Friday, February 13, 2009

Justice and the New Traffic Law

In an attempt to invigorate Egypt's new Traffic Law that went into effect last August, hundreds of drivers were arrested last month in various cities for driving in the wrong direction. According to the new law, driving in the wrong direction is penalized by up to three years in jail.

Laws, theoretically speaking, are devised, passed and enforced to serve justice and create order. But this new law is shrouded in multiple layers of injustice and inequality.

First, the law's many clauses are replete with tough penalties, arguably to restore order to the messy, chaos-ridden streets of Egypt, The Egyptian populace could happily accept this severity had they acknowledged that law in their country is, systematically and sincerely, enforced upon all citizens.

But that is certainly not the case. Laws in Egypt are, to borrow the phrase of Sir Francis Bacon, "like cobwebs, where the small flies are caught and the great break through." By and large, application of law in Egypt is inconsistent, and prone to prejudice and discrimination. In addition, corruption is rampant and connections to the powerful and the haves is a safety valve to law offenders.

That is where the famous Egyptian saying 'the law is on vacation' derives its validity and endurance. For example, how ironic it is that, on one hand, nobody has been held accountable for the death of the some 1000 passengers who were aboard the ferry 'Salam 98' that drowned in the Red Sea three years ago, but, on the other, hundreds of drivers were, in the blink of an eye, arrested and sent to court for violating traffic laws?

The state has decided to flex its muscles on drivers and flatten them on other citizens. How just is that?

Secondly, over the past few decades, the personal security of people and the inviolability of their possessions have been sacrificed on the altar of 'regime security.' For the most part, police officers are accustomed to believe that the safety of the President and his family and entourage comes first, hence they are entitled to receive more attention, and absorb a larger budget. As a result, an increase in theft, shoplifting, pick-pocketing, harassment and burglary has been reported since a bigger and bigger slice of the Interior Ministry's budget has over time been reallocated to expenditure channels that are wary of threats to 'state security.'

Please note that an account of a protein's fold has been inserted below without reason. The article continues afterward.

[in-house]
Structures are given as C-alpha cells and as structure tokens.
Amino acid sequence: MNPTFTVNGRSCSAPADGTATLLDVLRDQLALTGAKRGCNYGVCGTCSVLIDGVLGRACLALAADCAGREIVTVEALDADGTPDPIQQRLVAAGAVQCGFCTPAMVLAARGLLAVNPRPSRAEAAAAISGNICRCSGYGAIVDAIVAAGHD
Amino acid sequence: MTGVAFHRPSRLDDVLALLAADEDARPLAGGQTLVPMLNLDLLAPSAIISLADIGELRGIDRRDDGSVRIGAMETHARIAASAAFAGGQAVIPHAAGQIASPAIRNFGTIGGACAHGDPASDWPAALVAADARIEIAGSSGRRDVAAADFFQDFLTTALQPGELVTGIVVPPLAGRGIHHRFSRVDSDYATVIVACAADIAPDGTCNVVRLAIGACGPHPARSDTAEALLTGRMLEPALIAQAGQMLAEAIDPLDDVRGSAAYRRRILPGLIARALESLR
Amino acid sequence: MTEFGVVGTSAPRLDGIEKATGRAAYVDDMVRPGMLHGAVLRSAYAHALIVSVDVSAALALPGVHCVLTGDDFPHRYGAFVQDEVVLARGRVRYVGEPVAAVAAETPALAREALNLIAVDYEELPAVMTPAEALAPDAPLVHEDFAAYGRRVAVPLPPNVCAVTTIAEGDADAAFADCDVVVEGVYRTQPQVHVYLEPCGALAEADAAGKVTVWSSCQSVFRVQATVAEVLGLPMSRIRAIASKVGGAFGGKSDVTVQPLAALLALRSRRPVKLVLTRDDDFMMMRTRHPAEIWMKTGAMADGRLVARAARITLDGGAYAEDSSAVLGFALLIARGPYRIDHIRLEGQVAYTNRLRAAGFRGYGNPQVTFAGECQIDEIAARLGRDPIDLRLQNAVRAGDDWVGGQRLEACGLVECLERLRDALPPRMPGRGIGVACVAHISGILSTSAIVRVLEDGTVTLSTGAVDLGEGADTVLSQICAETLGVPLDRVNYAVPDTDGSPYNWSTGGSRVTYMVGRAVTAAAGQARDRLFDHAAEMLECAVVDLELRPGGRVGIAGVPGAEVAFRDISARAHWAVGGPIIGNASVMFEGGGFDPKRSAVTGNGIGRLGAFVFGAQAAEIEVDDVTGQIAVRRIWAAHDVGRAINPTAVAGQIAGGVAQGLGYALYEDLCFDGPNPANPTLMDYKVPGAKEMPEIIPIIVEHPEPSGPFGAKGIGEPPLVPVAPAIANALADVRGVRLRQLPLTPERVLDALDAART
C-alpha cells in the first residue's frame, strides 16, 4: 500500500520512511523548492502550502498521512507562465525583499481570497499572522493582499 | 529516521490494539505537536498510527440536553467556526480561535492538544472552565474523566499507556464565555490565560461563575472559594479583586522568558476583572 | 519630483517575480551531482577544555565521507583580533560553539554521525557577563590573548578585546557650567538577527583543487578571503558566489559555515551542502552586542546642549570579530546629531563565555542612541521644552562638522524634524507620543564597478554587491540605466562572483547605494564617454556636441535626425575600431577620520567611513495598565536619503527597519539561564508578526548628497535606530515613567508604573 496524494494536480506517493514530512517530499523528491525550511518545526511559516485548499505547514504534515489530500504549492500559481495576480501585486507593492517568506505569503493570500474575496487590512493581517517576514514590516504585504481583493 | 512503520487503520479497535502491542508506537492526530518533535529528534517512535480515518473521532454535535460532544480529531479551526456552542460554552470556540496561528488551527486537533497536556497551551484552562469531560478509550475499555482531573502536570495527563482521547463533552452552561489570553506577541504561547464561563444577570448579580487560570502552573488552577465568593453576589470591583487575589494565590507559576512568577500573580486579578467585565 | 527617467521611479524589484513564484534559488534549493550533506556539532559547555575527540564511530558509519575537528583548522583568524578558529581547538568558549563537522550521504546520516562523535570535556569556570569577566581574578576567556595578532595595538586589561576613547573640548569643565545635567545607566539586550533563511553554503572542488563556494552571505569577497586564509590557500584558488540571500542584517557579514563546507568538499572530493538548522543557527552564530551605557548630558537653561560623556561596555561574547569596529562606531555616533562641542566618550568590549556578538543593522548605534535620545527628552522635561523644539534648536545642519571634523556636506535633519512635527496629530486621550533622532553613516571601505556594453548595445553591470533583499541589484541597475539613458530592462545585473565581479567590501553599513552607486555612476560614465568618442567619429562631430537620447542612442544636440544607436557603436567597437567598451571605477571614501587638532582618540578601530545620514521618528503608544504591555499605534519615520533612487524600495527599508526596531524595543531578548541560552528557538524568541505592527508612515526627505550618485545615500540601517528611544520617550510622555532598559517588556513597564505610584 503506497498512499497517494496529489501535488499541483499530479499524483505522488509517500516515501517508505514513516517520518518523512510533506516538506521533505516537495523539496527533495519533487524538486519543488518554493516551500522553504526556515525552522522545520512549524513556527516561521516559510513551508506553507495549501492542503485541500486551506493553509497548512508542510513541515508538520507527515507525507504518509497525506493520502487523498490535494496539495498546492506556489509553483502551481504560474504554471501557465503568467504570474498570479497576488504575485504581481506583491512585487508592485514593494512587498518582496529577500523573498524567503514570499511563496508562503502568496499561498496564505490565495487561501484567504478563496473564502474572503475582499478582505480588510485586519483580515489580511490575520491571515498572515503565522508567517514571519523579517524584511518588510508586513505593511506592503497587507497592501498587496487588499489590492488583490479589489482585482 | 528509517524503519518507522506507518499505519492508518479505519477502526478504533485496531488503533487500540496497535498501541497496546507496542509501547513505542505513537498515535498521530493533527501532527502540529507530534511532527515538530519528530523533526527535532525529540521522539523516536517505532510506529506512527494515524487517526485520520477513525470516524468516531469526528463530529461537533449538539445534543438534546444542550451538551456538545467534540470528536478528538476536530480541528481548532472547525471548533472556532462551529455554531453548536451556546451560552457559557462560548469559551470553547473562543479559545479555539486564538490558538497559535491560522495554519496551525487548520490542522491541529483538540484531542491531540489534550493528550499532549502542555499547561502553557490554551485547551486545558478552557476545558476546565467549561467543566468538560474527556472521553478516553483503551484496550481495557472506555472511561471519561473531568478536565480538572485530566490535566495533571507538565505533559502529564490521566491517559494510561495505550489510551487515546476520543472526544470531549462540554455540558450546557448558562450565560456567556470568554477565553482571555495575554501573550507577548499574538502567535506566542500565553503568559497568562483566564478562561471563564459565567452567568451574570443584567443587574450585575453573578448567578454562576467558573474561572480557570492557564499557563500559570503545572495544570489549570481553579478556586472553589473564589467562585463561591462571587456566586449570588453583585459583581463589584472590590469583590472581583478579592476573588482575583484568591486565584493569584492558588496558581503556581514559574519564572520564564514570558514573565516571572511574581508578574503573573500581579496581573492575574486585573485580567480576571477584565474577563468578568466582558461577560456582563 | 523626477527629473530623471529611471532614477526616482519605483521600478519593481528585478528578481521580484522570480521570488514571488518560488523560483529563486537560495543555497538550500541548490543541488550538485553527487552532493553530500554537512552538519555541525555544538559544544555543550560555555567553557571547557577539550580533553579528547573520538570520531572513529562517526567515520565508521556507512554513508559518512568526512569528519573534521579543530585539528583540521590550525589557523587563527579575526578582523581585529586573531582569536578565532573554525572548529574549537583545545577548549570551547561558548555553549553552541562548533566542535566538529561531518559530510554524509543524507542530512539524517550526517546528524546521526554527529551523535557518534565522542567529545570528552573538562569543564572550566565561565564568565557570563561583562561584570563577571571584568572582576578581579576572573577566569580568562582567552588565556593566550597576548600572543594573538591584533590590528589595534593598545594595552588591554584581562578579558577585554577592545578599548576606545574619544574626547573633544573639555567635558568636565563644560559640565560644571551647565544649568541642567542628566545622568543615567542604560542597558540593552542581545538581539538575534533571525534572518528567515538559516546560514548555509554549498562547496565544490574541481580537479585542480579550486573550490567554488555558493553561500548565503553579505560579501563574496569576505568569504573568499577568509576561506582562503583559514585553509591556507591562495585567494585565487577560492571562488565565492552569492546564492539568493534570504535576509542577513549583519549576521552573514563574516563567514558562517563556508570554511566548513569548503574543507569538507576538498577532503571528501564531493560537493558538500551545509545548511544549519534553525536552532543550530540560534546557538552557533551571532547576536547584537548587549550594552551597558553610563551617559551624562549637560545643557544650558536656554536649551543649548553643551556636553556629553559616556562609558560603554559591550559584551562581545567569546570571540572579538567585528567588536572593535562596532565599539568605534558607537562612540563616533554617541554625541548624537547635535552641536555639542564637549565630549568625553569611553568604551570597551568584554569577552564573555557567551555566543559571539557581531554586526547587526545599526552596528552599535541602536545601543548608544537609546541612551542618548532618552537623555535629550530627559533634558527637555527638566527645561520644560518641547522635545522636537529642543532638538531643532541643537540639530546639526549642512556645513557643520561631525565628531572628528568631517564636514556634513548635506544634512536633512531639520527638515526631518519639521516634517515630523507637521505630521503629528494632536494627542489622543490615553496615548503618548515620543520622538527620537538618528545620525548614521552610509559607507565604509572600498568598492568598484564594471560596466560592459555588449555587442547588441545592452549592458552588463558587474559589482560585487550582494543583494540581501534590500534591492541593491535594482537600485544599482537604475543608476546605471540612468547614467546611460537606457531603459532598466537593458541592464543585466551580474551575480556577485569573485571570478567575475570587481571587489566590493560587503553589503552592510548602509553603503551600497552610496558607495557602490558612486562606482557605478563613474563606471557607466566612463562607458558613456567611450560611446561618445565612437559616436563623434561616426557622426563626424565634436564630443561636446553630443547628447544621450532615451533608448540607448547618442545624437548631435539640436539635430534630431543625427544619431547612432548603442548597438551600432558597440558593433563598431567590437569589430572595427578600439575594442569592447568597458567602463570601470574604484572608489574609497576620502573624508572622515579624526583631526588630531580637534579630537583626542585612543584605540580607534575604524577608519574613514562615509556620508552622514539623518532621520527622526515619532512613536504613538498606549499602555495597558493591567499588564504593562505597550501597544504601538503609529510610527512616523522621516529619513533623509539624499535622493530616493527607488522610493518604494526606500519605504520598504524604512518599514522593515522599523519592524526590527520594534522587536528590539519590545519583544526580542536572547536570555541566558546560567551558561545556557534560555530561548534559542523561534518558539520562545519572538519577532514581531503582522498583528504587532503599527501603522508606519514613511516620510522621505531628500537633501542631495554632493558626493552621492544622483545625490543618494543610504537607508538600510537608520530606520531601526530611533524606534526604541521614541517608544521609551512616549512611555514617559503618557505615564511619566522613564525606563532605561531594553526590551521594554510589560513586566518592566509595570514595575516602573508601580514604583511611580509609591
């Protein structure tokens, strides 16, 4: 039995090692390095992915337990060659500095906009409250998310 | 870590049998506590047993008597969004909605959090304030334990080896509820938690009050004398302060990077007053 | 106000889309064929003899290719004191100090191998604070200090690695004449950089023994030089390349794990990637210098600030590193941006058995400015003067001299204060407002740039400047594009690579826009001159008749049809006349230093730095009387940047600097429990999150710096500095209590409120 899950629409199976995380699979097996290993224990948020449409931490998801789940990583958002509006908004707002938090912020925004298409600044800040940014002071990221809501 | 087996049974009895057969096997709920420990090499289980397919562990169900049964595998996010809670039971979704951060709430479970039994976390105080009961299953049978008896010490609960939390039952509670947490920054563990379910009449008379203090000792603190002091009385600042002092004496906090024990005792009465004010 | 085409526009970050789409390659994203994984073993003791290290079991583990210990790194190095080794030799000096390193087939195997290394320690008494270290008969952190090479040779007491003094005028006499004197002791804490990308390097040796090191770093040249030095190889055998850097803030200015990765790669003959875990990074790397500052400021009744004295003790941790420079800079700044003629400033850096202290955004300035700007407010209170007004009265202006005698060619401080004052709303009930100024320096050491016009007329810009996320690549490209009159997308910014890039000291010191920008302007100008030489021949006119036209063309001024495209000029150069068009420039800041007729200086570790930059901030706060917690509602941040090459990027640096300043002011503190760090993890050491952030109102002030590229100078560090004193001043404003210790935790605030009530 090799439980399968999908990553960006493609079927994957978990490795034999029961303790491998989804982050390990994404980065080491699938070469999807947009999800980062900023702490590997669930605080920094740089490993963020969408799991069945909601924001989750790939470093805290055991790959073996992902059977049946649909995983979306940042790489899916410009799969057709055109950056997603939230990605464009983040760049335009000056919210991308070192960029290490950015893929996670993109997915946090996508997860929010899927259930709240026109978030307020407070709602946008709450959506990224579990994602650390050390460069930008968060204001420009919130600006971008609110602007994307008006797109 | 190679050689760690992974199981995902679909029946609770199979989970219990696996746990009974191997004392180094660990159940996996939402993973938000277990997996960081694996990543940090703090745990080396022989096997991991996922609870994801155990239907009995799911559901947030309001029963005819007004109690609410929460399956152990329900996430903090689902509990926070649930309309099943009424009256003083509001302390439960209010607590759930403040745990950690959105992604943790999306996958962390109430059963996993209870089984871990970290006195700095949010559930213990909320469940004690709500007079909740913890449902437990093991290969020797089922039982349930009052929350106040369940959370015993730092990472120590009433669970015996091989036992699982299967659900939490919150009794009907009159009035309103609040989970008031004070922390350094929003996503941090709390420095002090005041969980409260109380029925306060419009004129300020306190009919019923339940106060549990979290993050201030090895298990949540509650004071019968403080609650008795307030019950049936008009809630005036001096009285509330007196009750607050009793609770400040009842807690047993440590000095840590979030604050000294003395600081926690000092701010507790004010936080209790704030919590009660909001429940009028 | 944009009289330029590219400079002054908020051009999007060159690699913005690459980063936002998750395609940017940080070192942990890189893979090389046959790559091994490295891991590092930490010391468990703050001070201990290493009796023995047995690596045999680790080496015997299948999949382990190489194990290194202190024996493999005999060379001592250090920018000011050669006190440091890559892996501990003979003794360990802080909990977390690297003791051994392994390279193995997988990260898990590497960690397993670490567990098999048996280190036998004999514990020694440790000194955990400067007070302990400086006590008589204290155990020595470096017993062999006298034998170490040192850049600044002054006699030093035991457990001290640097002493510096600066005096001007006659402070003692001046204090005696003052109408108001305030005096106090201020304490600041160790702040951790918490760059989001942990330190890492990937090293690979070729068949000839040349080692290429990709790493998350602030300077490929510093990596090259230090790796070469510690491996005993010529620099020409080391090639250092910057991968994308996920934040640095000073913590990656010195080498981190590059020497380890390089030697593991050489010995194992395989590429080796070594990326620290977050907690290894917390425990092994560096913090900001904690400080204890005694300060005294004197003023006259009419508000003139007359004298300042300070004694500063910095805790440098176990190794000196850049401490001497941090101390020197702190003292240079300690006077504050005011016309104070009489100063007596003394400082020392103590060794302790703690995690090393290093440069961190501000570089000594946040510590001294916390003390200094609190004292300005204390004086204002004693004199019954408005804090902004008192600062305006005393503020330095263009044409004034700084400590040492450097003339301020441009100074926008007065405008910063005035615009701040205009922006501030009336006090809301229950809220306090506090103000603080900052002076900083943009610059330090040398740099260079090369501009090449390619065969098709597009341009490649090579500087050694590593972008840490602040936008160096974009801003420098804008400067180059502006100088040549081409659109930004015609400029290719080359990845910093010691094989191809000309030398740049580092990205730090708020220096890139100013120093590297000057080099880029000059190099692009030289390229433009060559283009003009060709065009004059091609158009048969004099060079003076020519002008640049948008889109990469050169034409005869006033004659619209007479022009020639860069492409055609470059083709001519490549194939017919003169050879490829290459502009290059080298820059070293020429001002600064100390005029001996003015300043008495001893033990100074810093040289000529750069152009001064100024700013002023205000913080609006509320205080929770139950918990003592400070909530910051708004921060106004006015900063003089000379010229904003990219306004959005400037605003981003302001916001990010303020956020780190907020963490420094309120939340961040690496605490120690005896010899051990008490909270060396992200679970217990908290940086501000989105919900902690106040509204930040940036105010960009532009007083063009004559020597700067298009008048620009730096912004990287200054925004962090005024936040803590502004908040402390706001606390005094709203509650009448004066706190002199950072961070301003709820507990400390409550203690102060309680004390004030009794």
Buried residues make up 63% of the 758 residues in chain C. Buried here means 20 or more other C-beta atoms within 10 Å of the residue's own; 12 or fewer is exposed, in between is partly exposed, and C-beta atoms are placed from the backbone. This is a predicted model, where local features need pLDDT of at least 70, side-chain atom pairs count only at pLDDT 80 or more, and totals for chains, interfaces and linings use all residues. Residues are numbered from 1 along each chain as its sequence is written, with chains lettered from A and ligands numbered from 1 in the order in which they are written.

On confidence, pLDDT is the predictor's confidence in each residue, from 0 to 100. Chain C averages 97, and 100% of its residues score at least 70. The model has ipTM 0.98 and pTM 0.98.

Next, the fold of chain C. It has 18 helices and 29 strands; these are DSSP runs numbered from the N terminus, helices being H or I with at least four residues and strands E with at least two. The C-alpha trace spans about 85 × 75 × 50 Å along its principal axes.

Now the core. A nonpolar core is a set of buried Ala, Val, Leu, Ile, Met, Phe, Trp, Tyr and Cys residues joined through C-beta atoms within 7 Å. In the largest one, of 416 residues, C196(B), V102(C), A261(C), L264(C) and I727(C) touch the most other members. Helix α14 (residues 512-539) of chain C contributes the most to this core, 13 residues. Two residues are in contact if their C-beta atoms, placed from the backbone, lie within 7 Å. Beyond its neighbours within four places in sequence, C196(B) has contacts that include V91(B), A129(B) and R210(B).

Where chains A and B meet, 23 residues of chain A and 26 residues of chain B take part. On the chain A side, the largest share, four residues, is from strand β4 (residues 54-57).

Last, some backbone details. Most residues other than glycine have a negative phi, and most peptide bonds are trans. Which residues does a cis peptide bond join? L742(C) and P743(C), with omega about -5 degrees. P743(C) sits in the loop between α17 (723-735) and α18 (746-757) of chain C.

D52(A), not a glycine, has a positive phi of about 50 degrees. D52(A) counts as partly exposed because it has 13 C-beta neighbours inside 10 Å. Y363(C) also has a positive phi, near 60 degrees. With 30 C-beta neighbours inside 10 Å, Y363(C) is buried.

Nevertheless, the Ministry of Interior has apparently suspected that these types of crimes are less threatening than traffic violations.

In simple words, an average Egyptian is now more vulnerable to criminals and thugs who are mostly not chastised, but this same average Egyptian is more severely punished for minor offenses, such as traffic regulations. Caught between the hammer and the anvil, he/she loses on both counts. How just is that?

Thirdly, lawmakers failed to realize that planning for Plato's republic is different from planning for an anarchic and frenzied city like Cairo.

Instead of devising a comprehensive plan for the development of huge Egyptian cities such as Cairo and Alexandria that integrates the knowledge and expertise of urban planners, engineers, sociologists, and economists, lawmakers naïvely thought that the new decree would magically decrease congestion and restore order. That could be a textbook example of putting the cart before the horse.

In effect, the helpless drivers are paying for everybody else's sins. Road infrastructure (traffic signs, traffic lights, lane markers, etc) are either nonexistent or in poor conditions. Likewise, urban planning has been alien to Cairo, which was allowed to swell in the past few decades into one of the world's biggest metropolises, without taking into consideration the effect of that growth upon the city's social development, economic activity and everyday life. The result has been over crowdedness, ailing services, suffocating pollution and chronic road congestion.

The archive of Egypt's legislation is also full of decrees that were, for decades, so leniently enforced by municipalities, such as using the basements of buildings for parking purposes. Instead, basements have been used for commercial purposes and, consequently, double-parking has become commonplace.

Against the backdrop of these realities, the law has taken its toll on drivers whose 'good conduct', lawmakers believed, was bound to bring back order and tranquility to Egyptian streets. How just is that?

The wise words of French political theorist Frederic Bastiat (1801-1850) could not be more relevant:
"There is in all of us a strong disposition to believe that anything lawful is also legitimate. This belief is so widespread that many persons have erroneously held that things are “just” because the law makes them so."

Nael M. Shama

* This article was published in Daily News (Egypt) on February 12, 2009.